JeJu

Soho Slumming Pernil Stir-fry

In food on 03/29/2009 at 8:29 pm

Two places we eat whenever we’re tourist-ing it up shopping in Soho are Two Boots Pizzeria and La Conquista. Well, actually, the other half had never been to the latter but I had. La Conquista is a Dominican dive that is the last stand for culture and real ethnicity in the Soho area, where the setup along Broadway is basically an outdoor shopping mall, like a poor man’s Rodeo Drive. Boutiques have been pushed to the outer periphery, likewise with cheap eats.

The only thing I miss about working in Washington Heights is the easy access to Spanish food, the cafeteria-style stuff where you point and they just fill up a big tin container. There used to be a great place hidden behind the Dallas BBQ across from my building, but then it closed before my tenure was up. It was replaced by a vegetarian deli. Nothing beats the pernil I once had on the side of the highway in Puerto Rico though. The setup was in a mail truck where a whole roasted pig was impaled on a tool shop machine which chopped it like butter. The crispy skin mmm…

La Conquista is that type of place and I love it. For $7.50, you pick whatever is on the steam table, any combo and the old guy just piles it on. One order is enough for two hungry hungry hippos. There’s chicken and beef guisados, oxtail, spaghetti, some sort of egg potato hash, roast chicken and pernil, which is the one I usually get, with yellow rice and black beans. The other half forbade me from getting the beans this time though, which is fine since then the dude gave us an extra maduro. To eat, we take it around the corner, sit on some steps and eat the mound of food boho-style. The Crosby Street cobblestone ambience adds to the glamour, I think.

Pernil with yellow rice is one of those classic dishes no one has time to make these days. Even me. Plus my main beef with European oven roasting is it dries proteins out. You spend $20 on a nice hunk of pork shoulder and you wind up being able to eat 1/3 of it. I much prefer the Asian stir-fry method where the most flavor is infused in the shortest amount of time, and the most quantity is left intact. Sure there’s no Oo-Ah moment when you present the massive hunk of meat, but you eat it sliced up in pieces anyways. Daisy Martinez taught me the Puerto Rican version, which seems exactly like the Dominican one. This is an adaptation of her recipe.

Pernil Ingredients:
skin-on pork shoulder, sliced or julienned (or to skip the work, get some pork belly, the best combo of fatty with tender flesh, easily found at Chinese meat marts)

Marinade: (Adobo Mojado)
garlic cloves
salt and pepper
dried oregano
olive oil
white wine vinegar

To make the adobo: Grate garlic and mix with other ingredients of marinade.
Marinate pork in plastic bag at least 1 hour.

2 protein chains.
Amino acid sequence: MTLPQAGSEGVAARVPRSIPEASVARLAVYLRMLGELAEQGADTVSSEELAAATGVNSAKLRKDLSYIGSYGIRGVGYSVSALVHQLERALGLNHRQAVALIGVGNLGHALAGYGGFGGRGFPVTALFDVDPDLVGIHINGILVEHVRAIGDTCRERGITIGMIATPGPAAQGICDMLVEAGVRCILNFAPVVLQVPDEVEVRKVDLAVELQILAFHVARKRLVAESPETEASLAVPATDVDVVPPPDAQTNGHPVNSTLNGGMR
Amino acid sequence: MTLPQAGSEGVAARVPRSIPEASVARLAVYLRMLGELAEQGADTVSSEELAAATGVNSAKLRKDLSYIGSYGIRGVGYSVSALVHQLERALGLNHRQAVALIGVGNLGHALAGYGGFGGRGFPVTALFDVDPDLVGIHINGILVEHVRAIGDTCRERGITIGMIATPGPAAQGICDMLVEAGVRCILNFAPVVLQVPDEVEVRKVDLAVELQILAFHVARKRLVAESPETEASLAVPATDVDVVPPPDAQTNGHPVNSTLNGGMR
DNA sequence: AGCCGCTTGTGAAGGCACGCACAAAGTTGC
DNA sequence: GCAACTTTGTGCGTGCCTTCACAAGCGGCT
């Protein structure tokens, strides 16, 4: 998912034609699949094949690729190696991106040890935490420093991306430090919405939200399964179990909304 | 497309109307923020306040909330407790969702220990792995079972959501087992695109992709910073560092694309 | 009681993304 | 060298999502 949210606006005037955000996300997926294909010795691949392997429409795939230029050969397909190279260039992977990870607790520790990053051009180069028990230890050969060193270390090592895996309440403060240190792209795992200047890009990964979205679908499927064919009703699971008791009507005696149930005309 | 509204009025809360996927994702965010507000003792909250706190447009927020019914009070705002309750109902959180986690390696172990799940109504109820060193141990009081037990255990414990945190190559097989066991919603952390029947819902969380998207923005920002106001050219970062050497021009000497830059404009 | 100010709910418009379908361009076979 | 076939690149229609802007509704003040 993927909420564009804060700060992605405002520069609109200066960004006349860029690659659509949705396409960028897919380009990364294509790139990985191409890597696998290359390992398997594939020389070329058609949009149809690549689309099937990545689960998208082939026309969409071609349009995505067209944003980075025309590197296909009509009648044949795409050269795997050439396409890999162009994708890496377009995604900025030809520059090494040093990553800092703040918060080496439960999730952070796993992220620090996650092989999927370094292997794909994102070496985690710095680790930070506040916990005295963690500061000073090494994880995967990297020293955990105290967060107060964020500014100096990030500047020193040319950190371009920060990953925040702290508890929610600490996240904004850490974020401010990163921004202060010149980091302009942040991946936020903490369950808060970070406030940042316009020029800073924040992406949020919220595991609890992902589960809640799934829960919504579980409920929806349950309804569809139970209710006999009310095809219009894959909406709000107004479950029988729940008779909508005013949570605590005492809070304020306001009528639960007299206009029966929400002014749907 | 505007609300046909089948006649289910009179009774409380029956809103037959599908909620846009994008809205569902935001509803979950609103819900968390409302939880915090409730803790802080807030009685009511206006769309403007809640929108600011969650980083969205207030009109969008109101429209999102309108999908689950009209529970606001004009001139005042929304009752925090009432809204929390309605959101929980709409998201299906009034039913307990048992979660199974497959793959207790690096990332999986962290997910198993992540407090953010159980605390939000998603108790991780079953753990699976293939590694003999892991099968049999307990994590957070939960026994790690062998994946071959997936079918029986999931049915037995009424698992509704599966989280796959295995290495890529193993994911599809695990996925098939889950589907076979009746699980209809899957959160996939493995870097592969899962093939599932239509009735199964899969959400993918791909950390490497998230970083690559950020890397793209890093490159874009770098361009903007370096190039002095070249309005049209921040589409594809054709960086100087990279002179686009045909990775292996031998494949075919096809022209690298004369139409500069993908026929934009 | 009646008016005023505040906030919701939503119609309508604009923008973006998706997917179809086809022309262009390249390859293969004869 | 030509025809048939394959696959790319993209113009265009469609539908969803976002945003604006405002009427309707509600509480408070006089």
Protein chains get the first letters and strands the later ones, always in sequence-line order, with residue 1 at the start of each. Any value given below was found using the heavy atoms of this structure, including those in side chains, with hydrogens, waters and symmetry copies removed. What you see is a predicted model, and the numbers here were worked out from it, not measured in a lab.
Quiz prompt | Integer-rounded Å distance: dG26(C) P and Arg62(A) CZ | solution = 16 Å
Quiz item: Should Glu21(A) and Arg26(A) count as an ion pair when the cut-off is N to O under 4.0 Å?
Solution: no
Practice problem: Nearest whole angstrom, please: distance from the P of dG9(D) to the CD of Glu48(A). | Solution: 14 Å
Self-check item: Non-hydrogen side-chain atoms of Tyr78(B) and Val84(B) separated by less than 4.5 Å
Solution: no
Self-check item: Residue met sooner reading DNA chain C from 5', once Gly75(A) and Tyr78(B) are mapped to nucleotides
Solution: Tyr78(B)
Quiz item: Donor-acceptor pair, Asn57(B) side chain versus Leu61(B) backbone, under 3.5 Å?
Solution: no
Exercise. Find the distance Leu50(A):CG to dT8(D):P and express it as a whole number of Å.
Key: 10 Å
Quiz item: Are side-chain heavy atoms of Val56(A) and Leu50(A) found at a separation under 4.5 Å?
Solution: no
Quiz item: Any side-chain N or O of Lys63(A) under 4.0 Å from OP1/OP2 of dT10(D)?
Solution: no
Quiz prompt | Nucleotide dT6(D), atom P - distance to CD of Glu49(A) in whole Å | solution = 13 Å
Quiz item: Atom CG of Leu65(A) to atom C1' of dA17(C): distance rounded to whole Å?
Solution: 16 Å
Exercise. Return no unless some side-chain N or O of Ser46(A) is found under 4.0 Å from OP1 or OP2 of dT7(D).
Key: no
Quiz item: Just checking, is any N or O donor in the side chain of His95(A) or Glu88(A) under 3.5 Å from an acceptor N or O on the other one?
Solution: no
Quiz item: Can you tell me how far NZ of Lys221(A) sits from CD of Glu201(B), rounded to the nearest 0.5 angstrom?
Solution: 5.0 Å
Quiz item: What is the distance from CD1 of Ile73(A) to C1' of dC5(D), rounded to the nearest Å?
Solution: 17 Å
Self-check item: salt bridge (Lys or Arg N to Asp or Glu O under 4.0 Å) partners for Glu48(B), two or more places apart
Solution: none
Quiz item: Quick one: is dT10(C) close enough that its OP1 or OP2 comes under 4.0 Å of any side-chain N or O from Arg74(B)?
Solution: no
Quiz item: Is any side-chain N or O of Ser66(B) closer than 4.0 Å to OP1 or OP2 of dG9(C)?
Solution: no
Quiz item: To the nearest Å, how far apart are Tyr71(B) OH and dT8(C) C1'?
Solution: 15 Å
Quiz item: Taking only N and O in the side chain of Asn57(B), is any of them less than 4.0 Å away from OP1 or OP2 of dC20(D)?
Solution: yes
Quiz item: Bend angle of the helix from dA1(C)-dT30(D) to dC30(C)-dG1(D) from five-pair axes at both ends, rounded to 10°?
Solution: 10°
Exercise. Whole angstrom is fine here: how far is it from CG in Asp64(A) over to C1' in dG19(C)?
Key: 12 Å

Heat skillet with olive oil, and stir-fry pieces of pork until brown and fragrant. Spoon on top of yellow rice, if you have time, or just regular white when you’re in a hurry. Dress with cilantro.

Yellow Rice Ingredients:
Achiote Oil
sofrito (chopped onion, green pepper, garlic, tomato, cilantro – then blended)
alcaparrado (coarsely chopped pimiento-stuffed olives and capers)
salt and pepper
ground cumin
2 bay leaves
long grain white rice
chicken broth (or sub with water and drizzle of olive oil)

Heat the achiote oil in a skillet (see note below on how to make). Stir in sofrito and cook until most of the water is evaporated. Add the alcaparrado or olives, salt, cumin, pepper, and bay leaves, stirring to combine. When the mixture is bubbling, add the rice, stirring to coat and to fix the color to the rice. Transfer to rice cooker. Pour in enough chicken broth to cover the rice by the width of two fingers or just follow the marks on the side of the vessel.

Note:
Annatto seeds, achiote, are small irregularly shaped, deep reddish colored seeds about the size of a lentil. They grow in pods but are sold loose in jars in the spice aisle. Steeping achiote in hot olive oil for a few minutes will do more than give the oil a brilliant orange-gold color; it will infuse it with a nutty, delicate aroma.

Heat the oil and annatto seeds in a small skillet over medium heat just until the seeds give off a lively, steady sizzle. Don’t overheat the mixture or the seeds will turn black and the oil a nasty green. Once they’re sizzling away, pull the pan from the heat and let stand until the sizzling stops. Fish out the seeds. Ready to use.

el dive-o

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  1. i work in soho and am constantly frustrated by the over-priced mediocre food. great blog, and thanks for the suggestions. best, a

  2. Let us know if you find any other good dives in Soho. 😀

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